In conclusion, Randy praises the elderly Clive Davis for his vision and foresight in conceding to the rule change that gave Paula the final say in who she can marry. Simon Cowell, alone and to the side, tries mightily to memorize the words to Randy’s “Morning Song.” Fumbling and fussing, he checks his iPhone, and then goes over to Randy, all the while complaining about the indecipherable lyrics and strange imagery inherent in the number. “Damn you, Randy Jackson!” he gripes. Randy snickers to himself. “That cat’s gonna get himself into a shit-load o’ trouble.” Now Elvis stands up and states that the show must go one.
Jay Leno comes around to loosen the audience up before Mr. Cowell gets up the nerve to sing. At long last, it’s Simon’s turn to make his case. Mounting the podium, he complains to the ushers that it’s too unstable. “Can somebody fix this damn thing?” he orders. Immediately, four or five of the ushers prop up the stand. The crowd can’t help but make snide remarks about Simon. All is in readiness. “Let ‘er rip!” shouts Elvis.
Simon whips out his Fender Stratocaster, which appears to be in working order. That is, until he starts to finger the strings. Hmm, a bit out of tune, he muses to himself. As he begins his song (to the same melody as the one used in his disastrous wooing of Paula the night before), Cowell blurts out the line: “Morning has broken like the first morning / Blackbird has spoken like the first bird.”
“Huh?” the crowd wonders. “What in heck is this? Cat Stevens? He’s channeling Cat Stevens? Has he lost his mind?” Coming from his mouth, everything sounds askew. Simon makes a meal out of Clay’s dream. Even the Mastersingers are perplexed by this apparent faux pas, but they allow it to continue: “He’s a Master, after all.” Yup, he sure is! “Jack of all trades, Master of none!” somebody shouts back at them.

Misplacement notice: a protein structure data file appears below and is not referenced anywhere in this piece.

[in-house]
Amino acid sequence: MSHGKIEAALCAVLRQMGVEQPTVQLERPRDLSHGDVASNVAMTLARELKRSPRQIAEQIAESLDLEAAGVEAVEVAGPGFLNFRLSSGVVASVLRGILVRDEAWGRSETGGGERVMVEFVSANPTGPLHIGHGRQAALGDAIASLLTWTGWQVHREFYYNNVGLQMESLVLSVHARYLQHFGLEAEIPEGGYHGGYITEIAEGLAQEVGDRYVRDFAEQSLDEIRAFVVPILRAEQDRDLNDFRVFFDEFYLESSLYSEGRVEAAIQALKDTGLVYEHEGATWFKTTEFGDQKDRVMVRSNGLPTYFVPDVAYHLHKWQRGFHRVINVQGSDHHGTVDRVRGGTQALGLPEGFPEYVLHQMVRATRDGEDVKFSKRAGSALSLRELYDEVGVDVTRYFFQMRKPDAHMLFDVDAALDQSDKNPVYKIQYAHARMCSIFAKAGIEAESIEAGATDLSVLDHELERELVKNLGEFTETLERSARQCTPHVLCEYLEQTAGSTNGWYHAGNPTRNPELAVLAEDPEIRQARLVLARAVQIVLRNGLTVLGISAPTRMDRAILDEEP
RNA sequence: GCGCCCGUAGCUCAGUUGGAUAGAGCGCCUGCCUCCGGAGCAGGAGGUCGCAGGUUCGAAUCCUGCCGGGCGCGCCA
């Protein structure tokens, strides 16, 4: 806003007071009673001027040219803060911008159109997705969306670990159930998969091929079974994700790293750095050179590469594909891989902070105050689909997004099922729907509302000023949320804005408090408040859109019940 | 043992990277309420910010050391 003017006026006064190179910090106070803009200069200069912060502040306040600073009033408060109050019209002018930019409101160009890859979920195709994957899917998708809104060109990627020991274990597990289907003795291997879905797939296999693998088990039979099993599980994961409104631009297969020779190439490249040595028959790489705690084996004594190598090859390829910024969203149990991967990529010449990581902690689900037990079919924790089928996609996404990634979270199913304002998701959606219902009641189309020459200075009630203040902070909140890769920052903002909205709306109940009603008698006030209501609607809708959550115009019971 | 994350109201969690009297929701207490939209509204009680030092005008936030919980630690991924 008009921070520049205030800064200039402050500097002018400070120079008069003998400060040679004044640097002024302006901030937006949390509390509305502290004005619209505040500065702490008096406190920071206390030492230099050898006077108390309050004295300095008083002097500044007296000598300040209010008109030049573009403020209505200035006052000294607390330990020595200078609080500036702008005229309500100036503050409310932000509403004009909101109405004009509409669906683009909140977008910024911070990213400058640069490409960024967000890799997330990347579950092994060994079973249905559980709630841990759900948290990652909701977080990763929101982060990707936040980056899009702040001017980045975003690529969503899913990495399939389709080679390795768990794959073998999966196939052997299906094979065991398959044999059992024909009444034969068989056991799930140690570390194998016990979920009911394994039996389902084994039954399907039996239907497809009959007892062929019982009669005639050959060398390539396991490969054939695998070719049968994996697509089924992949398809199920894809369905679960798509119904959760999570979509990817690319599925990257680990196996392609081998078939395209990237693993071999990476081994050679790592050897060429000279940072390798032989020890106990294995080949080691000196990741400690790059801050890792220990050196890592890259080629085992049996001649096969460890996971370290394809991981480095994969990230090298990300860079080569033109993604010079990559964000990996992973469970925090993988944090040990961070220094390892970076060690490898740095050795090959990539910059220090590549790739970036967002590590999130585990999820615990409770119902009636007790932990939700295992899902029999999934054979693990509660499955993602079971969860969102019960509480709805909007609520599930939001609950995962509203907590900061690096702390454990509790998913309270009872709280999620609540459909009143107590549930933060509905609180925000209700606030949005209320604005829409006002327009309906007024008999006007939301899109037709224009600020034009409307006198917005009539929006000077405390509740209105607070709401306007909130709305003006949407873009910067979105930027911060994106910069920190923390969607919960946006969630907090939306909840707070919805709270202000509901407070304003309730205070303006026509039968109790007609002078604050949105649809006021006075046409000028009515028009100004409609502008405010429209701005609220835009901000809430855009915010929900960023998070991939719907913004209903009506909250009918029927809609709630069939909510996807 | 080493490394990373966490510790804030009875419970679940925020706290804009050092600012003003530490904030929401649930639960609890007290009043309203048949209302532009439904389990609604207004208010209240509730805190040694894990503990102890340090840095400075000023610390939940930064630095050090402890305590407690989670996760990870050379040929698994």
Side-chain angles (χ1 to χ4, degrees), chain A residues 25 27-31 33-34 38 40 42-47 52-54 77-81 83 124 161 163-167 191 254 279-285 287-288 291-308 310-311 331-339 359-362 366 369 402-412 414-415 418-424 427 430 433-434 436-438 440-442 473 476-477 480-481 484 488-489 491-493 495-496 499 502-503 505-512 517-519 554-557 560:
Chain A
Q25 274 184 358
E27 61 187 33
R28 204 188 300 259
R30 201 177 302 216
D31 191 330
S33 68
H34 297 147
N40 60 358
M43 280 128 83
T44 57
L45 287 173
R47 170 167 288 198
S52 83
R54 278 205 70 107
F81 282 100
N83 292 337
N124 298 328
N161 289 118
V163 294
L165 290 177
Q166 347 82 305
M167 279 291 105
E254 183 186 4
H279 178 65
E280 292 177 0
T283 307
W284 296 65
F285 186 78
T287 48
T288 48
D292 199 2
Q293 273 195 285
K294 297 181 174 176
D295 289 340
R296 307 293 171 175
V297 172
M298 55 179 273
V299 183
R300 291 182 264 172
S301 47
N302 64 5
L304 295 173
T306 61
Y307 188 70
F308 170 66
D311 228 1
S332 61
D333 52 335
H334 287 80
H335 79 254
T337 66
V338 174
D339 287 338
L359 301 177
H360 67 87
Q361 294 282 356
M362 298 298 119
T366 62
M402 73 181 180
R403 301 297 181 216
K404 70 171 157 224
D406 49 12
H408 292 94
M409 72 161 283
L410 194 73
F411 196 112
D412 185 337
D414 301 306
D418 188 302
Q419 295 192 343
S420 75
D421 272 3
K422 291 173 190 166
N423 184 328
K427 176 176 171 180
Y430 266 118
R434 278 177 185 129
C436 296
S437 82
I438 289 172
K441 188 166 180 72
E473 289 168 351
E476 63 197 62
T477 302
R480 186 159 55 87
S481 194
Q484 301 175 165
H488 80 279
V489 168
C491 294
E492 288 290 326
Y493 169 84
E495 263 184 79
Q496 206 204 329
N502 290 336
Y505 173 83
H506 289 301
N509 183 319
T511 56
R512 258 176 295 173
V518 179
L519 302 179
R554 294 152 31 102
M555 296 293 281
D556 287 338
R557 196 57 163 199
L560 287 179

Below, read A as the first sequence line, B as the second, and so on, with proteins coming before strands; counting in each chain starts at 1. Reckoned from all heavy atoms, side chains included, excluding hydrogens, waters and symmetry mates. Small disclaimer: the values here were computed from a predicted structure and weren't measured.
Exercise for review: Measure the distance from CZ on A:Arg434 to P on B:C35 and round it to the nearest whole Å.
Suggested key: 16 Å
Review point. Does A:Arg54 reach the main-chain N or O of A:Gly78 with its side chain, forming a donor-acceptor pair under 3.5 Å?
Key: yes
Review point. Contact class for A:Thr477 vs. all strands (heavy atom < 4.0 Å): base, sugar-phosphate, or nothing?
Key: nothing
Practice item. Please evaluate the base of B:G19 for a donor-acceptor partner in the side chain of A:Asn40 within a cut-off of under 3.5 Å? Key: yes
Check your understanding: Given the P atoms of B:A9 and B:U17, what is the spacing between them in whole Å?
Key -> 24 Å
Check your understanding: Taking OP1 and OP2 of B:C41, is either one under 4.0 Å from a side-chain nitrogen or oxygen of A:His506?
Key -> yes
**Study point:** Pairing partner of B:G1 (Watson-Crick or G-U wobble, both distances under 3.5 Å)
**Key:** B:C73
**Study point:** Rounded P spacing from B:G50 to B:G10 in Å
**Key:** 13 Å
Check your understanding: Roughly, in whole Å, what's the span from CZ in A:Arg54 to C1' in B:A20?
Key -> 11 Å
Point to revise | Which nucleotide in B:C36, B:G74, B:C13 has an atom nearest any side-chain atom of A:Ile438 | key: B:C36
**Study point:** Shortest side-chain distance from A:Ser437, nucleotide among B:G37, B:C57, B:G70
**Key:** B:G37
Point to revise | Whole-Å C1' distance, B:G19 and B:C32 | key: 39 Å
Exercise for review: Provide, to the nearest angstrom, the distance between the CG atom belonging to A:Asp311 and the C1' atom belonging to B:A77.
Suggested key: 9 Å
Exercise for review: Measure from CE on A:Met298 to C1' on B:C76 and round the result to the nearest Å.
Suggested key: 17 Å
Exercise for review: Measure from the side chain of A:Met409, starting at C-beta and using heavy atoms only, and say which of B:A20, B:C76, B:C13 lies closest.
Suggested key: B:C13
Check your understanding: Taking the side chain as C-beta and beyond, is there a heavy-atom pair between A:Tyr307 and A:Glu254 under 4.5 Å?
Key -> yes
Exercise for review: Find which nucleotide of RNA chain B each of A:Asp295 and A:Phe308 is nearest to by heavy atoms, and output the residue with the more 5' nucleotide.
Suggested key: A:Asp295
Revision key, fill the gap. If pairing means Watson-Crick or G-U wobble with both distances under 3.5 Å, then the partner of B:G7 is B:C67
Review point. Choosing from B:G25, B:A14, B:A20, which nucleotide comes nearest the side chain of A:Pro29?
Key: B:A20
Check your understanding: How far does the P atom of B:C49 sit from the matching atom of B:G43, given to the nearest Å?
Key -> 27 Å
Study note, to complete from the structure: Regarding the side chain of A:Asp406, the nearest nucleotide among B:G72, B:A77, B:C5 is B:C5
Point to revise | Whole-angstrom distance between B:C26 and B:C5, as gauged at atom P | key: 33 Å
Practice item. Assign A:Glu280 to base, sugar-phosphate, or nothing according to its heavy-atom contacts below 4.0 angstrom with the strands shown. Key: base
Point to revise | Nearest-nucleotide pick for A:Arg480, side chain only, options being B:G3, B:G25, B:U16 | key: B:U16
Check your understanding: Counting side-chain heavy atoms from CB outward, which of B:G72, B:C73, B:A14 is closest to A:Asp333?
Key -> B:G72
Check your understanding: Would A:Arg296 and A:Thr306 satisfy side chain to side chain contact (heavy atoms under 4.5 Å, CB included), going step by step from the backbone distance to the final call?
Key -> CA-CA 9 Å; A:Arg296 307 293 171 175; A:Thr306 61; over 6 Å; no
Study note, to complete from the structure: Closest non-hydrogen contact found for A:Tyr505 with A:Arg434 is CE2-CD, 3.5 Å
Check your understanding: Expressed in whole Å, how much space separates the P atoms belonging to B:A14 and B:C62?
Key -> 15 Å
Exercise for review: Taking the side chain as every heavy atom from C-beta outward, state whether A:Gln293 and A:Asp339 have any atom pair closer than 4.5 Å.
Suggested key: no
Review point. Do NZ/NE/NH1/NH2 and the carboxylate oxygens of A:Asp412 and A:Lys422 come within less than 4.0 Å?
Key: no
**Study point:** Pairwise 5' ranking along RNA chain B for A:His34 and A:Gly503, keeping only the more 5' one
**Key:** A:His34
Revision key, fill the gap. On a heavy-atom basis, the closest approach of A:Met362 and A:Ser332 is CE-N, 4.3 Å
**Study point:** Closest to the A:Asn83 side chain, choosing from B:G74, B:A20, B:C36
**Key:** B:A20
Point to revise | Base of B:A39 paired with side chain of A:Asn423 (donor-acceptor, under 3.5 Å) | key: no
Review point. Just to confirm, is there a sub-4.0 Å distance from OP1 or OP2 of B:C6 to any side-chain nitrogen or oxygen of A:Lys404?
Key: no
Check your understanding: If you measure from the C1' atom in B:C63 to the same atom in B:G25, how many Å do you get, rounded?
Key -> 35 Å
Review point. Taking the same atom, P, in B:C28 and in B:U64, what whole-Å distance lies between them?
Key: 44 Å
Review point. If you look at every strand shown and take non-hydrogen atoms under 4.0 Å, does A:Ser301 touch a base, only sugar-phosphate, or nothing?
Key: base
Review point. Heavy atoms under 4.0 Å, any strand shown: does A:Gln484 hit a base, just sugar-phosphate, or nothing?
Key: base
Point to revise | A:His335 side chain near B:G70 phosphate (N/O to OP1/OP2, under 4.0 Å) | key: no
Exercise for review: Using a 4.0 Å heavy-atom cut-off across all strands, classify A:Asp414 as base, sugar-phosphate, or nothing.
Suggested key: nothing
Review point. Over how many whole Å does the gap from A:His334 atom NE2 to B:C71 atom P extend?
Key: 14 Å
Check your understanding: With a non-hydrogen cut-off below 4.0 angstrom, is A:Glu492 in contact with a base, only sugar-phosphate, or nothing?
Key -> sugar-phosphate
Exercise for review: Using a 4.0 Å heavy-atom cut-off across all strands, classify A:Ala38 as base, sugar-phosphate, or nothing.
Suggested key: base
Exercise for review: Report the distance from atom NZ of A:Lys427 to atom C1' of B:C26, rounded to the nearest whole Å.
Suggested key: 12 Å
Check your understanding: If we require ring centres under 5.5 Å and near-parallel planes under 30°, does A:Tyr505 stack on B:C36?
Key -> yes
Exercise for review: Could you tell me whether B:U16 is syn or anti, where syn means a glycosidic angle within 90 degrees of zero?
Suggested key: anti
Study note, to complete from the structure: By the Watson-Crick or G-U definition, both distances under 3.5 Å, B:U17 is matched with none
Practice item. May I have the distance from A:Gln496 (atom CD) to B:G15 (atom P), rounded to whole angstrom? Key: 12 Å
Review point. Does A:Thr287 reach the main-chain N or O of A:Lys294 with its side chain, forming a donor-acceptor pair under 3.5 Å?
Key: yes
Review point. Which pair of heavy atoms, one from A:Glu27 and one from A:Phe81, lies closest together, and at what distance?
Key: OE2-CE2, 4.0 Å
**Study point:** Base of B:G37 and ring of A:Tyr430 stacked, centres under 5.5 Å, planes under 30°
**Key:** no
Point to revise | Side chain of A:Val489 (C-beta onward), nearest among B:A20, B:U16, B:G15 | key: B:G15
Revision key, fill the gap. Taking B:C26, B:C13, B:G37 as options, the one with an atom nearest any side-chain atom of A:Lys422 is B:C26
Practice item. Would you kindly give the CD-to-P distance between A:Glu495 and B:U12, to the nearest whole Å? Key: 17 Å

This goes on for a couple of perilous moments, until the crowd is unable to restrain itself. They burst out laughing at the preposterousness of Simon’s words, which are nothing but nonsense in his hands. Simon has had enough. He steps off the platform in a fury and, shaking his fist at Randy, accuses him of being the author of this so-called song. He makes a hasty exit, as the crowd turns to Randy and demands that he provide an explanation.
Keeping his composure, Randy disputes the claim of authorship. In fact, the song as written is really quite lovely. Nobody believes him, and the Mastersingers second that emotion. “Simon doesn’t know what he’s talkin’ about,” Randy declares. “This here’s a Master Song if ever there was one. And I can prove it!”
It’s Jackson to the rescue. He boldly introduces the newly minted Mr. Aiken, who steps out from the noisy crowd of onlookers. He’s all decked out in white from head to toe. “Now, then, here’s your author in the flesh. Let him show you what a REAL master musician can do with that tune.”
Clay starts to strut his stuff. He belts out the “Morning Song” with everything he’s got. Paula Abdul, who’s been fairly quiet until now, comes up to the podium and takes her place next to the Mastersingers (in Simon’s empty music stand). She temporarily acts as one of the song-contest judges which, coincidentally or not, she happened to be before Clive Davis “adopted” her.
With Simon laughed off the stage, William Hung (who’s already done his exceedingly poor Ricky Martin medley) gets a good belly laugh out this turn of events. After Clay has sung his wooing song, the crowd hails him as the winner of the contest. In like manner, the Old Guard Mastersingers charge Clive Davis with rewarding the victor his spoils.
Davis comes down the aisle to offer Aiken not only the American Idol statuette, but a multi-million dollar record contract deal! Incredibly, Clay turns down the offer, much to the consternation of, well, practically everybody. “Don’t call me, I’ll call you!” he cries.
Just as the disgusted Clay is about to step off the podium, Randy once more saves the day in praise of American pop culture. “Man, you shouldn’t make fun o’ the Masters. They’re offering you a golden opportunity. Don’t be turning down their generosity. Shoot, I know, they can be a bunch a bores, but look at all the good they done. Why, without their art, where would pop music be? In the toilet, that’s where!”